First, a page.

Our reading today begins with a short chapter recording a message to Baruch, Jeremiah’s assistant. We see that Baruch, like Jeremiah, laments over the persecution he faces for his faithfulness to God (45:3). As we have seen, God’s people are not exempt from suffering. The spiritual people of God were suffering along with the physical people. Here, God tells Baruch that He is breaking down what He has built (the people of Judah – v. 4 – see 1:10 and 31:28). God calls Baruch to trust Him and live (v. 5 – see 39:18).
Chapter 46 begins an oracle “concerning the nations” (46:1). We start with Egypt. Jeremiah speaks of their defeat to Babylon in the days of Jehoiakim (v. 2). Verses 3-4 portray a mighty, confident army preparing for battle, and verses 5-6 speak of their utter defeat. Note the “terror on every side” that has been used as a pronouncement of judgment in Jeremiah’s previous prophecies (see 6:25, 20:3). Pharaoh had aspirations of world domination (vv. 7-8) but God is against them. The warriors of other nations (Cush, Put, and Lud) will advance on Egypt.
Verse 10 moves the focus to the final judgment, the day of YHWH. He will avenge Himself on all of His enemies, the defeat of Egypt by Babylon “in the north country by the river Euphrates” being just a foretaste. Egypt has been shamed in defeat (v. 12), and more is coming (v. 14). And their defeat is God’s doing (v. 16). Verse 17 is a knock on Pharaoh for talking a big game but failing when the moment came. God is going to do to Egypt what He did to Judah – defeat and captivity (v. 19) at the hands of Babylon (vv. 20-24).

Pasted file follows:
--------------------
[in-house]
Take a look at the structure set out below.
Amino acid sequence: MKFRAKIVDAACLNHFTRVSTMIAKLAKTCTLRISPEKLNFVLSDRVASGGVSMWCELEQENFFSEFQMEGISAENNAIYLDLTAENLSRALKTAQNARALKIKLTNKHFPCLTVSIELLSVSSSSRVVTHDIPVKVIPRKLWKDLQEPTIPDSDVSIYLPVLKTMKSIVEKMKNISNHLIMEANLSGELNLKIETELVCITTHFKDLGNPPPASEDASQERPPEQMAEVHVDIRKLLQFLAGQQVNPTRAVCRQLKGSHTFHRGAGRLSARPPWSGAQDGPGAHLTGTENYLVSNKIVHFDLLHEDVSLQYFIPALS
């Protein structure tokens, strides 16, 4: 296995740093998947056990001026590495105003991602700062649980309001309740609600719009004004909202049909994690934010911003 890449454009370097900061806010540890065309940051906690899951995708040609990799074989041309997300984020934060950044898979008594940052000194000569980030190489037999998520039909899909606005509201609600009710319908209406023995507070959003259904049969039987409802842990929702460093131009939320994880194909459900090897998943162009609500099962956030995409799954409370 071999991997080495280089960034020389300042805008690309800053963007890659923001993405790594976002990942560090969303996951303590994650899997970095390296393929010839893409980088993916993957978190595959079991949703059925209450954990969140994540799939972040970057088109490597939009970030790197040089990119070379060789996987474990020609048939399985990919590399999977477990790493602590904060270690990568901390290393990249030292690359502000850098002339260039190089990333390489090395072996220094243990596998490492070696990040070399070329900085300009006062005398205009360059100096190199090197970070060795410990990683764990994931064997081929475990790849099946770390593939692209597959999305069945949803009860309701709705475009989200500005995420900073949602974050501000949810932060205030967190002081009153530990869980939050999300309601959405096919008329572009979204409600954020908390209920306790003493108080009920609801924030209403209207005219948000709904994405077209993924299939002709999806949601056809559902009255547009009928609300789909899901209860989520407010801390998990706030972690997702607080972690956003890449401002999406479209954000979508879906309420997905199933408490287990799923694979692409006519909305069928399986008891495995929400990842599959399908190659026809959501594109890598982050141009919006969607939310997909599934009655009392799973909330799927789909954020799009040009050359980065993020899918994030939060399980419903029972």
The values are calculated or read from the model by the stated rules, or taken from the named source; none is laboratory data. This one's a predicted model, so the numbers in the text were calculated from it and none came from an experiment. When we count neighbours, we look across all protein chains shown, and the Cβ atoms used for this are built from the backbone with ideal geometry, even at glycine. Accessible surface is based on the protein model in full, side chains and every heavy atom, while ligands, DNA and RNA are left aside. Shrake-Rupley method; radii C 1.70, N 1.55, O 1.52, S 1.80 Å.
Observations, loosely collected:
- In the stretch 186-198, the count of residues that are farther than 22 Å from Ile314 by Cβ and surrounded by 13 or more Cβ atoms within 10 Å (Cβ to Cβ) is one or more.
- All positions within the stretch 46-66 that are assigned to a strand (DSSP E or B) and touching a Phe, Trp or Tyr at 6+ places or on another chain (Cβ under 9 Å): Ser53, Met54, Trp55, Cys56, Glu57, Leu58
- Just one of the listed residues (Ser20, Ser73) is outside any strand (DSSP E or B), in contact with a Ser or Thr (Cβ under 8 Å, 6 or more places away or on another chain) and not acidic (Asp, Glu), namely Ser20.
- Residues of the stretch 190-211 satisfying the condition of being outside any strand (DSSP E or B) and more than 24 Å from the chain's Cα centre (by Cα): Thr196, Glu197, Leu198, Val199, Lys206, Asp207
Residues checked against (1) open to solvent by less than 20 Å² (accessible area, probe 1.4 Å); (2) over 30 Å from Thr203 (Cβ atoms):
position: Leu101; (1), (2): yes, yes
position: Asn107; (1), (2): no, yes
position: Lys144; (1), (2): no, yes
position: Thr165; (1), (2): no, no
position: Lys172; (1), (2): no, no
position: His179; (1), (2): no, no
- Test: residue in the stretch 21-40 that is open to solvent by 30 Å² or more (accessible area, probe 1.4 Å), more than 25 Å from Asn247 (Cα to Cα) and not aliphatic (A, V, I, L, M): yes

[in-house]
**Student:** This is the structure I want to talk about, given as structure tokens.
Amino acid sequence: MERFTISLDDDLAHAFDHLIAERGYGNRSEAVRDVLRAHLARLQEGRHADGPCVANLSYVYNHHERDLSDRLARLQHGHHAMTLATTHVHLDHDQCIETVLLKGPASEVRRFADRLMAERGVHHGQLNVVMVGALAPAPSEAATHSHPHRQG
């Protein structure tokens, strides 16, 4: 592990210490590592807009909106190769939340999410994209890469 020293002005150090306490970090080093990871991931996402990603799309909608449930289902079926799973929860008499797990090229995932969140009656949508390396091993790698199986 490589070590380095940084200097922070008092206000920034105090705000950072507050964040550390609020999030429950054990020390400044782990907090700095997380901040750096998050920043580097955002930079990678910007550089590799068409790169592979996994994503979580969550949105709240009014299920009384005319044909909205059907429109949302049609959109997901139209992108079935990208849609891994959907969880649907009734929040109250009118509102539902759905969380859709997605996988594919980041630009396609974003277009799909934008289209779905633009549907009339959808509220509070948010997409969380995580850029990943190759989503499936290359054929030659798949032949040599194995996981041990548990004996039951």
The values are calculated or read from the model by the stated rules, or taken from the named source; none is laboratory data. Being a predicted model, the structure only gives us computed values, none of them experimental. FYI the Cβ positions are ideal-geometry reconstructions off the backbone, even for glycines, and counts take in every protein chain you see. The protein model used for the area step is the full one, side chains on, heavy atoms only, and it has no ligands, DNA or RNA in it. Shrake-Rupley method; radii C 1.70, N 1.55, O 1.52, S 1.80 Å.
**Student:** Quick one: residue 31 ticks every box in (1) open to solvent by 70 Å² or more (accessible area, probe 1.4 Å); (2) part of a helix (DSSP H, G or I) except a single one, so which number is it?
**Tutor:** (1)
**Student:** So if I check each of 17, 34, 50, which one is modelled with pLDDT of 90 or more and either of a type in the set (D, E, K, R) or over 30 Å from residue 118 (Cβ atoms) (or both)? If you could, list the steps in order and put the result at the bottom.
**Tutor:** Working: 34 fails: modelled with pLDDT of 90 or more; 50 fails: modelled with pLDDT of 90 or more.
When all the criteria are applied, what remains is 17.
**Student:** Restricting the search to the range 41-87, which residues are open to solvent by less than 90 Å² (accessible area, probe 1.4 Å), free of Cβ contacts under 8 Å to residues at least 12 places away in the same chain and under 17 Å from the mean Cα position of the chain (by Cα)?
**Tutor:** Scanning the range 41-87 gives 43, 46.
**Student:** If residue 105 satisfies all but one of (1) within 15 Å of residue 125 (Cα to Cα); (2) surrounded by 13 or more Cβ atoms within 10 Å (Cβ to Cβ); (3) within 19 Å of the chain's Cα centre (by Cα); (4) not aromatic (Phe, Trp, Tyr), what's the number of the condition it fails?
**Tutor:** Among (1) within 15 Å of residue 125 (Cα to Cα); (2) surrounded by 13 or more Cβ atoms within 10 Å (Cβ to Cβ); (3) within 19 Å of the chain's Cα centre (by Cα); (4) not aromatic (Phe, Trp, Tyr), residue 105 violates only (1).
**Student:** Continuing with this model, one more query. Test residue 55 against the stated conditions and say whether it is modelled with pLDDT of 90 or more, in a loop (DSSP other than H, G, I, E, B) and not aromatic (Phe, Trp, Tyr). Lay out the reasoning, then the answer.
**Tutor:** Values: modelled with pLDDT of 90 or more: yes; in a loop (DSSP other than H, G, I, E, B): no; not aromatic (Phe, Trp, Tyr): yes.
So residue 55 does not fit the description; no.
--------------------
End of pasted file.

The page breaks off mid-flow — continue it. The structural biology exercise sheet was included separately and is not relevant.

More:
In verse 25, God says He is bringing judgment upon Pharaoh, Amon the sun god, and on all of Egypt’s gods (see Ex 12:12)1. Note that all who trust Pharaoh will be judged. That includes those of Judah that “escaped” to Egypt (see chapters 42-43). That Egypt will be inhabited “afterward…as in the days of old” is a reference to the salvation of the nations, including Egypt (see Deut 32:7 for God’s judgment of the nations “from the days of old” and Isa 63:9-11 for God’s salvation of His people from “the days of old”). The “days of old” in Isaiah 51:9-11 speaks of God’s salvation of His people from Egypt (Rahab). In Isaiah 19:22-25, we see that Egypt will be struck, yet they will be healed, and will be part of God’s spiritual people, along with Israel and Assyria. There will be no healing (v. 11) for the idolaters of Egypt (v. 25), but God will call a spiritual remnant even out of Egypt (v. 26).
Verses 27-28 then address God’s spiritual people, which will include people from all nations. Though God will make a full end of the wicked nations, He will not make an end of His true people. The language in verse 28 echoes that of 30:11 where God also speaks judgment against the physical people but promises salvation to His physical people.
Chapter 47 speaks judgment against the Philistines. They, too, will fall to Babylon (v. 2 – see 25:20). Note that this is the same judgment that will befall Tyre and Sidon (v. 4 – see 25:22 and Isaiah 23). This is the judgment of YHWH (v. 6 – see Deut 32:39-42). The conquest of Babylon will be a foreshadowing of God’s final judgment against the nations.
1 The penultimate plague of darkness (Ex 10:21-23) was a judgment against the “sun god” of Egypt.